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Alumna Tells Tales of Westboro and Bison

MFA leads to rich and varied freelance career
UMKC alumna Anne Kniggendorf

Our ongoing story starts with people from around the world, converging here at UMKC. Get to know our people and you’ll know what UMKC is all about.
 

Name: Anne Kniggendorf '14
UMKC degree program: MFA in Creative Writing and Media Arts, College of Arts and Sciences

Alumna Anne Kniggendorf attended the MFA Creative Writing program on the G.I. Bill. While she always had a passion for writing, she did not see herself as a journalist. But her freelance career has been full of delightful surprises. 

Tell us about your current position.

I’m a freelance writer in Kansas City. I started freelancing for the Kansas City Star in 2014 and I still write for them occasionally. I write for KCUR 89.3, the Kauffman Foundation, and have written for Flatland Magazine a few times. I’ve also written for national magazines and twice for international journals.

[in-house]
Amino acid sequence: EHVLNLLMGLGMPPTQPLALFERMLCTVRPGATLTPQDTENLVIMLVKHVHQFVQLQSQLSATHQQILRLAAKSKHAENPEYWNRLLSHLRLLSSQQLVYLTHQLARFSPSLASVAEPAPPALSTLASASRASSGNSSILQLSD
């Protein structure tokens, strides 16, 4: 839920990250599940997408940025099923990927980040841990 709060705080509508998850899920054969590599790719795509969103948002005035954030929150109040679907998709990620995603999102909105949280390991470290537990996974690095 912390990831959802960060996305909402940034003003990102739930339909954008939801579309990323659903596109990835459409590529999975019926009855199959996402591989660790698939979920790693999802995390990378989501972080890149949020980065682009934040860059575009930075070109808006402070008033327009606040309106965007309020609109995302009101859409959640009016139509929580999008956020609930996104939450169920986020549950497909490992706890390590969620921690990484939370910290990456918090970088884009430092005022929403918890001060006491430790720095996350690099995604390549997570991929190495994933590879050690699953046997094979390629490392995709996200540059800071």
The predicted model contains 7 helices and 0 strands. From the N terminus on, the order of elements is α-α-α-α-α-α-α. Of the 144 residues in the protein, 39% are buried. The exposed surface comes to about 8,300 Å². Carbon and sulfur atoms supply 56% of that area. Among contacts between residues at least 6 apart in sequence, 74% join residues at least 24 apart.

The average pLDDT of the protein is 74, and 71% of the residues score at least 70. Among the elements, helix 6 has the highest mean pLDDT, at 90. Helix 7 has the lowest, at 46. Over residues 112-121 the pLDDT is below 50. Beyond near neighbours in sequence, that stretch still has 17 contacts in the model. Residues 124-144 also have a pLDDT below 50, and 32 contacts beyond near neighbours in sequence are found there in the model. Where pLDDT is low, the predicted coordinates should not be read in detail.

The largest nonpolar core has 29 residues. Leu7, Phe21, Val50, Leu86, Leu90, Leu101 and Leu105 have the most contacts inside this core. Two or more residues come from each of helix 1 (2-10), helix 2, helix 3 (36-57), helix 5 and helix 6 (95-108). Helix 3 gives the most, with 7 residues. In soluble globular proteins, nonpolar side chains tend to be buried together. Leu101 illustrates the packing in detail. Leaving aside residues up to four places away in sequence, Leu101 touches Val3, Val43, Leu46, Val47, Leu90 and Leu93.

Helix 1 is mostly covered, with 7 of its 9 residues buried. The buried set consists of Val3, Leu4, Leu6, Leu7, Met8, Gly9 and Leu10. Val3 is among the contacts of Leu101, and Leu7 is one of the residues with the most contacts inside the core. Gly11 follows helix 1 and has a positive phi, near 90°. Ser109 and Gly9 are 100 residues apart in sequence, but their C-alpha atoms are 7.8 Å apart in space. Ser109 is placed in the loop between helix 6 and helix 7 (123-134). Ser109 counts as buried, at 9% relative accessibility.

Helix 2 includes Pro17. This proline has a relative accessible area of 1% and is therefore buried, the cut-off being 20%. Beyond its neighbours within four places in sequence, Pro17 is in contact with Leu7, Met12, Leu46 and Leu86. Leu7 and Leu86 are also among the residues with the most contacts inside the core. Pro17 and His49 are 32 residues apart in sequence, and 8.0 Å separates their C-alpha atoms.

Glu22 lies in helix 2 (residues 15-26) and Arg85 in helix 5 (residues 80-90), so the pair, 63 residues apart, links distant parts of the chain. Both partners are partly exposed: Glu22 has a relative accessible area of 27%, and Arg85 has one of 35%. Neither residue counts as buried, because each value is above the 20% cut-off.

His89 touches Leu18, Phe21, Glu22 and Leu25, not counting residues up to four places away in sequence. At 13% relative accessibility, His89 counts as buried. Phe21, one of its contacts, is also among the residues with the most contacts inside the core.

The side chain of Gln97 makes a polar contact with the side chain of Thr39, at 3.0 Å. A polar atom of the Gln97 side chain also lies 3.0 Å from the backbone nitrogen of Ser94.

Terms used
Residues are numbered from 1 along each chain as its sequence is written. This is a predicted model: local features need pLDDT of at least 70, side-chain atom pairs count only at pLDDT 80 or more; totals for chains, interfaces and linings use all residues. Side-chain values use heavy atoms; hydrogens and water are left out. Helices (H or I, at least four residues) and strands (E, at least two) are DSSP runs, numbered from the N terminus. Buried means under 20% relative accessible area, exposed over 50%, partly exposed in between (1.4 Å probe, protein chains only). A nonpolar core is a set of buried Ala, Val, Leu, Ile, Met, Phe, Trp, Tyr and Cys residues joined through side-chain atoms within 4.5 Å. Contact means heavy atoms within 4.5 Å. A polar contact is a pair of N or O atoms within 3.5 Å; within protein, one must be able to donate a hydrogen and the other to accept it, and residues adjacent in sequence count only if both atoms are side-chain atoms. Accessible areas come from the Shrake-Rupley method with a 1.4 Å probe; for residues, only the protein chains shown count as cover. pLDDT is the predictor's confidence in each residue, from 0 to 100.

How did you choose your field of study?

Writing has been my favorite activity for as long as I can remember. I got to a point when I was in my mid-30s when I felt that I’d hit a wall. I needed more tools to write the way I wanted to be able to.

What brought you to UMKC?

I wanted a writing program near home and UMKC seemed perfect.

What was your favorite thing about UMKC?

I enjoyed all of my classes, professors and assignments. My favorite thing was the chance to reopen the part of my mind that had to work with whatever someone else assigned me--which is what I’ve been doing ever since.